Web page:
Tuesday, May 24, 2011
To hear Detroit Tigers manager Jim Leyland gush about the 22-24 Pirates over the weekend -- "They've got something special going here, they really do." -- you would think the team is loaded with All-Stars.
What a joke.
Or is it?
The Pirates will play the Atlanta Braves tonight at PNC Park. They have more All-Star candidates -- legitimate candidates -- than the Braves, if you can believe that. There are three -- starting pitcher Charlie Morton, closer Joel Hanrahan and second baseman Neil Walker -- and that doesn't include center fielder Andrew McCutchen of whom Leyland said, "I think he's going to be a superstar."
By Pirates standards, that's loaded with All-Stars. They haven't had three players make the All-Star Game since Barry Bonds, Bobby Bonilla and Neal Heaton did it in 1990. They've had two make it just four times since their record streak of losing seasons started 18 years ago.
Usually, the National League has a hard time picking a deserving Pirates representative. That's how bad they have been. Remember Carlos Garcia making the All-Star team in 1994? Tony Womack in '97? Ed Sprague in '99? Mike Williams in 2003? Williams might have been the worst; he went into the game with a 6.44 ERA and was traded soon after.
Even last season, Evan Meek represented the Pirates. No offense to Meek, he was a setup man. He did a fine job in his role, but he shouldn't have been on the All-Star team over McCutchen.
This season is different.
This season Morton, Hanrahan and Walker are legit.
It's early, of course. The All-Star Game isn't until July 12. Morton could start pitching the way he did last season. Hanrahan could blow a few saves. Walker could go into a long hitting slump.
But there is no indication any of that will happen.
Morton gets the start tonight against Jair Jurrjens in a matchup that, on paper, looks to be terrific. Jurrjens has been, arguably, the NL's best pitcher with a 5-1 record and 1.80 ERA and is the one Braves player who looks to be a lock for the All-Star Game, although Atlanta people could make a case for starter Tommy Hanson (5-3, 2.72). Morton has been among the best with a 5-1 record and 2.62 ERA, which ranked eighth among league starters going into games Monday night. What an amazing story it would be if he made the All-Star team. At the time of last year's game, he was at Class AAA Indianapolis, trying to fight his way back to the big leagues after his 1-9, 9.35 ERA start with the Pirates in 2010. Amazing wouldn't even begin to describe that story.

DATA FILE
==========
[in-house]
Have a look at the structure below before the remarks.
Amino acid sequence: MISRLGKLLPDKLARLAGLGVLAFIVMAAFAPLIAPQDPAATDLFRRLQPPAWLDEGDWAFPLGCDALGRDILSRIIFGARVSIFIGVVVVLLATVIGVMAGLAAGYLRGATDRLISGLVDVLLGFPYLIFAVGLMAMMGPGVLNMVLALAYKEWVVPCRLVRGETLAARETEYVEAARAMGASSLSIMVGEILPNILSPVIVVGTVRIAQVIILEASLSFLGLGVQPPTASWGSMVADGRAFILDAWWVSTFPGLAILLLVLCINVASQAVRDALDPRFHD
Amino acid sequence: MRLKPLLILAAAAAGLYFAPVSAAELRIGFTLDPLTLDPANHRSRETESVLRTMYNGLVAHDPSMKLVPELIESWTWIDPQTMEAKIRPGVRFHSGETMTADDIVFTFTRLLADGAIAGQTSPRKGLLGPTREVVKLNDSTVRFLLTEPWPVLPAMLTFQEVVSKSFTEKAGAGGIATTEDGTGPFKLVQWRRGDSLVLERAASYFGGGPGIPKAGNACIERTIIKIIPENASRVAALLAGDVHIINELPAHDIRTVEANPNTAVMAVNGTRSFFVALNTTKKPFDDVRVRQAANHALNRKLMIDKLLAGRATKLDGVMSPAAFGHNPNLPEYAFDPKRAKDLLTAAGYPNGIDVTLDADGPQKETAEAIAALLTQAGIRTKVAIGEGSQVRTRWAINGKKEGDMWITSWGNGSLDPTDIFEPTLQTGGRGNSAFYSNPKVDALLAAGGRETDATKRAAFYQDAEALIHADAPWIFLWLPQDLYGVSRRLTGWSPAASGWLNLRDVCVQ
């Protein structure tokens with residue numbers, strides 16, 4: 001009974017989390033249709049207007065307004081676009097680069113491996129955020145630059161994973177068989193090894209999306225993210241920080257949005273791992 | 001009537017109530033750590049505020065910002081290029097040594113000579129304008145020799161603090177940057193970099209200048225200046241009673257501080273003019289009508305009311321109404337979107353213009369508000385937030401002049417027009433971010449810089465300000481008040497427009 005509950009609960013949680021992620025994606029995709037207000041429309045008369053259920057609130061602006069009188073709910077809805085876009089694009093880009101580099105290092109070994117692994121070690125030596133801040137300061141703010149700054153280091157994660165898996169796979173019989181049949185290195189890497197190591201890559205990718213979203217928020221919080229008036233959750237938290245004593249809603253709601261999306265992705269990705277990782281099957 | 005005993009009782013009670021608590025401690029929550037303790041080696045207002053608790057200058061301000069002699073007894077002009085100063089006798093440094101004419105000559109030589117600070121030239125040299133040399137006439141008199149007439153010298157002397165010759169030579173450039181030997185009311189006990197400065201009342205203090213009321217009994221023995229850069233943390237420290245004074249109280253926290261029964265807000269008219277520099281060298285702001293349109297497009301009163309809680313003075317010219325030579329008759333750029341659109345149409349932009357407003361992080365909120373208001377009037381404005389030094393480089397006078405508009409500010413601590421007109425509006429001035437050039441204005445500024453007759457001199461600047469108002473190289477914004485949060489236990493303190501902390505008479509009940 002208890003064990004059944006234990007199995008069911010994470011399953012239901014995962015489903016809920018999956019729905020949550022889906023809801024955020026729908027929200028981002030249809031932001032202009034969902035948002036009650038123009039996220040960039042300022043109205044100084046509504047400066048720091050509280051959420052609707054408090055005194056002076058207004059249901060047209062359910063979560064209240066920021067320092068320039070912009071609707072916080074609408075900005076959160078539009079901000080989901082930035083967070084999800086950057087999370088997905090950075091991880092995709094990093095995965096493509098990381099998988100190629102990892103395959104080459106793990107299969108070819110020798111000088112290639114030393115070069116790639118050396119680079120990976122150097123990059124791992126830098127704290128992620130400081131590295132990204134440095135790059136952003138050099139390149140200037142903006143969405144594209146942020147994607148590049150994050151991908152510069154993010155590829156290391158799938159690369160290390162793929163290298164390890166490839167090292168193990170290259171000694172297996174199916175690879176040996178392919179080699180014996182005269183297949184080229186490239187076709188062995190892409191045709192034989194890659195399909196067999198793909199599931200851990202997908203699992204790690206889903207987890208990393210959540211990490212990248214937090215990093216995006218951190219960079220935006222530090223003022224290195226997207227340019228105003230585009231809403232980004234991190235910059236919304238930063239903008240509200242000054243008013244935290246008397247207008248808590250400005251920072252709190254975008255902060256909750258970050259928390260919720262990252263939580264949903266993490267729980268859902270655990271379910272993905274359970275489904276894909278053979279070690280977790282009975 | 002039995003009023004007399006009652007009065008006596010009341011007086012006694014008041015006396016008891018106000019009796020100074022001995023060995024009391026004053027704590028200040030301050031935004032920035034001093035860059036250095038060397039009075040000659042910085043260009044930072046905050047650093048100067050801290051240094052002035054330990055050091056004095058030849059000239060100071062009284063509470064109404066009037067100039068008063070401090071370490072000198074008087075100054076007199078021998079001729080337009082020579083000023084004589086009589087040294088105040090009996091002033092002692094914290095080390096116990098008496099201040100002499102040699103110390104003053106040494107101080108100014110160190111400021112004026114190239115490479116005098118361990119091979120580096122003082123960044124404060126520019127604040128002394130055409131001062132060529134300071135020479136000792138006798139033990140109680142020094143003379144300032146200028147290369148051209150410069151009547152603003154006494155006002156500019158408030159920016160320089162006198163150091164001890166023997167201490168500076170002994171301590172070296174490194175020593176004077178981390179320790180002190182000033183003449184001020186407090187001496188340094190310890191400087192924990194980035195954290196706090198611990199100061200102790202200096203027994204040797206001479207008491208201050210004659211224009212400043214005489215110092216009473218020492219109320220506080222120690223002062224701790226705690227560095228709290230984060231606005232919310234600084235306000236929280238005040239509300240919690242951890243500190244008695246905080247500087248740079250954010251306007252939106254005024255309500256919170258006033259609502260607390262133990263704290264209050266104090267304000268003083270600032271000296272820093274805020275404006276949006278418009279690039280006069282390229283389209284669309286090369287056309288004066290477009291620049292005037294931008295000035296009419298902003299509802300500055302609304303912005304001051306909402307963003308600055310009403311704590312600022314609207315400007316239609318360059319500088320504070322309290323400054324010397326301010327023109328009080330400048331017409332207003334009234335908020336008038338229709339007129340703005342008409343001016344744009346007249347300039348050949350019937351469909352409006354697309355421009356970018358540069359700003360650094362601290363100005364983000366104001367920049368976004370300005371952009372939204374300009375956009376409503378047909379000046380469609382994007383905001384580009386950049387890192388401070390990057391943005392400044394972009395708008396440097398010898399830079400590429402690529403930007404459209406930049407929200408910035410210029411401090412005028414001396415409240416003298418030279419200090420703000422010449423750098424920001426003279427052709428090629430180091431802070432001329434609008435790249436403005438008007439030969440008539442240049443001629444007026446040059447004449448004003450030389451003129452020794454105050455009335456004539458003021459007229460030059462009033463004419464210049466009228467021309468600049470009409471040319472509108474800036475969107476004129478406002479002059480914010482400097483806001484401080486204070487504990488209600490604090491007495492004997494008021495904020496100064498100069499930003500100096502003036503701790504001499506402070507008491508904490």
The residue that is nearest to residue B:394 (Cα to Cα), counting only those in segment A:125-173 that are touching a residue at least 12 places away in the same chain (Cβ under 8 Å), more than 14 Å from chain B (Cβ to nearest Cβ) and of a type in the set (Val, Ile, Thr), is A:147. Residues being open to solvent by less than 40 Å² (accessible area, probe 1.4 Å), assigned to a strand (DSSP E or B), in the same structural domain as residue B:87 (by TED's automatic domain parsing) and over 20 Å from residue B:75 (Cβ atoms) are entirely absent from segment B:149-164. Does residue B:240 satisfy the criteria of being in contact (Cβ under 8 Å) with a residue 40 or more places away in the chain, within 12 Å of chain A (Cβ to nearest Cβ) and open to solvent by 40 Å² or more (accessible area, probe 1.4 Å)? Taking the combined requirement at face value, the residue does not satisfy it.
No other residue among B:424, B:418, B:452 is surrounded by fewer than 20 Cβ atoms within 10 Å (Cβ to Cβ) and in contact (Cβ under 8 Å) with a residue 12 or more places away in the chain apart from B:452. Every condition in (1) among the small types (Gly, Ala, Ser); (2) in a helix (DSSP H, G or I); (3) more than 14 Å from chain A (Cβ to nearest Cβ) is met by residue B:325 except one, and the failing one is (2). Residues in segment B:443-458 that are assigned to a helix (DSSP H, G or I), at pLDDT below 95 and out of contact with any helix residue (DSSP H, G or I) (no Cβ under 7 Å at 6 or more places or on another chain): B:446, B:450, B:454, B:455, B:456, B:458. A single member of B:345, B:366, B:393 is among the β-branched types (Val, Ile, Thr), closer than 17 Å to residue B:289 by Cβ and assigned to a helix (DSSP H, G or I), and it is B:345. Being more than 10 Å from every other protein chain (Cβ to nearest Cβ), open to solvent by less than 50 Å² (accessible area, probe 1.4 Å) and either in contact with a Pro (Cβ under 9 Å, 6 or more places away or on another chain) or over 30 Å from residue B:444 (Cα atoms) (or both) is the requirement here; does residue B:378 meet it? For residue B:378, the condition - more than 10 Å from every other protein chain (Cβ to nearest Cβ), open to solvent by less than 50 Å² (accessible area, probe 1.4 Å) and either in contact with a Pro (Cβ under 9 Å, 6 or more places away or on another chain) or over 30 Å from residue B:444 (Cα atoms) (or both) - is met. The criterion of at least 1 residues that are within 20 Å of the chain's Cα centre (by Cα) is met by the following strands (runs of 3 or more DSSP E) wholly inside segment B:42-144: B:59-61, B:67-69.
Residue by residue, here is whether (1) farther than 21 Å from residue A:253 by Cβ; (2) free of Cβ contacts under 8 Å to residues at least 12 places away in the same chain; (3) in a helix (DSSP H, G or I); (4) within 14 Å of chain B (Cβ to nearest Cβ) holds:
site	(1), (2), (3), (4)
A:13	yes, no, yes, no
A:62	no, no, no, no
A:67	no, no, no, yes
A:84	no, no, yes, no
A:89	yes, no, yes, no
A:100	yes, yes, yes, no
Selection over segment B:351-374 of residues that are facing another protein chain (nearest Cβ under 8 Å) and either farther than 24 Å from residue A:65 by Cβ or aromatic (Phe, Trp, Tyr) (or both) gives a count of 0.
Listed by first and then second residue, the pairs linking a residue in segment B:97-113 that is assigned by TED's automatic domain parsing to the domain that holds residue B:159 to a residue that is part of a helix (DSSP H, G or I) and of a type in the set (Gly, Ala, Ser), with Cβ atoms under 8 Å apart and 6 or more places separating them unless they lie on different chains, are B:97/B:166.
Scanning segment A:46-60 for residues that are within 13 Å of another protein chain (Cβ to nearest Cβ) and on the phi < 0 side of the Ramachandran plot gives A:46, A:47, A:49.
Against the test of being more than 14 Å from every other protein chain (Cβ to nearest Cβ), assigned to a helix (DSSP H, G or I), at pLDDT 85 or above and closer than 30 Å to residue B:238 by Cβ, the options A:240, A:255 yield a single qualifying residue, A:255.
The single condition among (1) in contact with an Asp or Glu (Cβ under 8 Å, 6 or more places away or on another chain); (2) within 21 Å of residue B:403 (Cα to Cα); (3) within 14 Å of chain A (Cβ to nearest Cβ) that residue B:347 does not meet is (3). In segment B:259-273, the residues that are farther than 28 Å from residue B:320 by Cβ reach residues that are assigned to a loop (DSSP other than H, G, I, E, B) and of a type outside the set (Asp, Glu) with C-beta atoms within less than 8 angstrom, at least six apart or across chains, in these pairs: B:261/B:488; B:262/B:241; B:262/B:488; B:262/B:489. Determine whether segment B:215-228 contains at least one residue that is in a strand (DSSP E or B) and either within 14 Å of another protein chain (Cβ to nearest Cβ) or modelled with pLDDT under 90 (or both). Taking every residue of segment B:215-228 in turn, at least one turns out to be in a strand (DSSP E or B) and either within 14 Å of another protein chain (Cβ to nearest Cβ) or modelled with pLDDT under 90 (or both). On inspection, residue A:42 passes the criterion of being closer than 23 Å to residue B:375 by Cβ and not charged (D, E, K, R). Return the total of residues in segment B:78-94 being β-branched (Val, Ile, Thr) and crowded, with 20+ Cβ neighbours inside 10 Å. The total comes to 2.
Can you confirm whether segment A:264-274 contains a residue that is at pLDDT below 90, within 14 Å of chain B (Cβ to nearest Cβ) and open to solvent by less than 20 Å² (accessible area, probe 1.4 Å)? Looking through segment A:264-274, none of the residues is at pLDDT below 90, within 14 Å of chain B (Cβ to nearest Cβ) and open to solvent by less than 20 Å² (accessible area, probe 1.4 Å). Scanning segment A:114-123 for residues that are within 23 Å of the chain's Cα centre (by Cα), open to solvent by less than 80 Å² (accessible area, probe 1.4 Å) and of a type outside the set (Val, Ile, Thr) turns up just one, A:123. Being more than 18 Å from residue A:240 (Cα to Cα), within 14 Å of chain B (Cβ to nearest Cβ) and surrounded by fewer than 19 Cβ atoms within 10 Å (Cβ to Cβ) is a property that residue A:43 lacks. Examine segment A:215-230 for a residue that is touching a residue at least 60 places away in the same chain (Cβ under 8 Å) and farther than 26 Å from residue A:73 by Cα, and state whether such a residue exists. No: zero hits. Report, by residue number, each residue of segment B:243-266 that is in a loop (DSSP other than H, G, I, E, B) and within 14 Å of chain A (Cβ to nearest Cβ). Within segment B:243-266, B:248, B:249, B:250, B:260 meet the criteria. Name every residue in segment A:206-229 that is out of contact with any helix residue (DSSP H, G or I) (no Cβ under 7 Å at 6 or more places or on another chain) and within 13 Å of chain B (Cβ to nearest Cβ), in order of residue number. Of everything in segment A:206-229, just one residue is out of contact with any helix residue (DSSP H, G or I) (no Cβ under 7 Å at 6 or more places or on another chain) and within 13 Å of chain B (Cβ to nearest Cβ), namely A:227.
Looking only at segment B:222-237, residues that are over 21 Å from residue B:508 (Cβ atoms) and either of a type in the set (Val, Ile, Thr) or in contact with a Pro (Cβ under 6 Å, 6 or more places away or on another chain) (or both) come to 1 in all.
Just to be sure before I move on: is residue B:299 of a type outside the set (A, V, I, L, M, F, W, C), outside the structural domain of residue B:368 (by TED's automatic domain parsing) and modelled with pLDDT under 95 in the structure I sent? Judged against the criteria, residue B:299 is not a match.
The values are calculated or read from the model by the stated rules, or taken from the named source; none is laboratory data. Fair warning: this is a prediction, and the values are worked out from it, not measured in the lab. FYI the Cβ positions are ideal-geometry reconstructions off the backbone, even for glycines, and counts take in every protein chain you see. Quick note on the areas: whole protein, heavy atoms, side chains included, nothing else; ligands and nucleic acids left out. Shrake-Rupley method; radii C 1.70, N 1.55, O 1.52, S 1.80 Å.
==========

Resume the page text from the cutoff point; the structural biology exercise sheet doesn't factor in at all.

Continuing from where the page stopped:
Hanrahan is 13 for 13 in save chances. Of the eight National League closers with double-digit saves going into Monday night, he, Florida's Leo Nunez (17 for 17) and Arizona's J.J. Putz (12 for 12) were the only ones without a blown save. His 1.66 ERA ranked second to the New York Mets' Francisco Rodriguez (0.76) among those eight pitchers. He's a big reason the Pirates are 20-0 in games when they led after eight innings.
Walker has been the best, most consistent hitter for the Pirates. He also just might be the NL's top second baseman, what with five-time All-Star Chase Utley playing for the Philadelphia Phillies for the first time Monday night after missing the first 46 games with right knee tendinitis. Sure, Cincinnati fans will argue for Brandon Phillips and Milwaukee fans for Rickie Weeks. But going into Monday, Walker led all major league second basemen with 30 RBIs and ranked first among NL second basemen in doubles and walks, second in runs, third in home runs and OPS, fourth in hits and sixth in average. He also has gone 20 consecutive games without an error.
If all of this keeps up ...
The Pirates will get multiple representatives in the All-Star Game.
And if they only get one ...
The National League will have a hard time making that selection for all the right reasons.
Ron Cook: firstname.lastname@example.org. Ron Cook can be heard on the "Vinnie and Cook" show weekdays from 10 a.m. to 2 p.m. on 93.7 The Fan. More articles by this author
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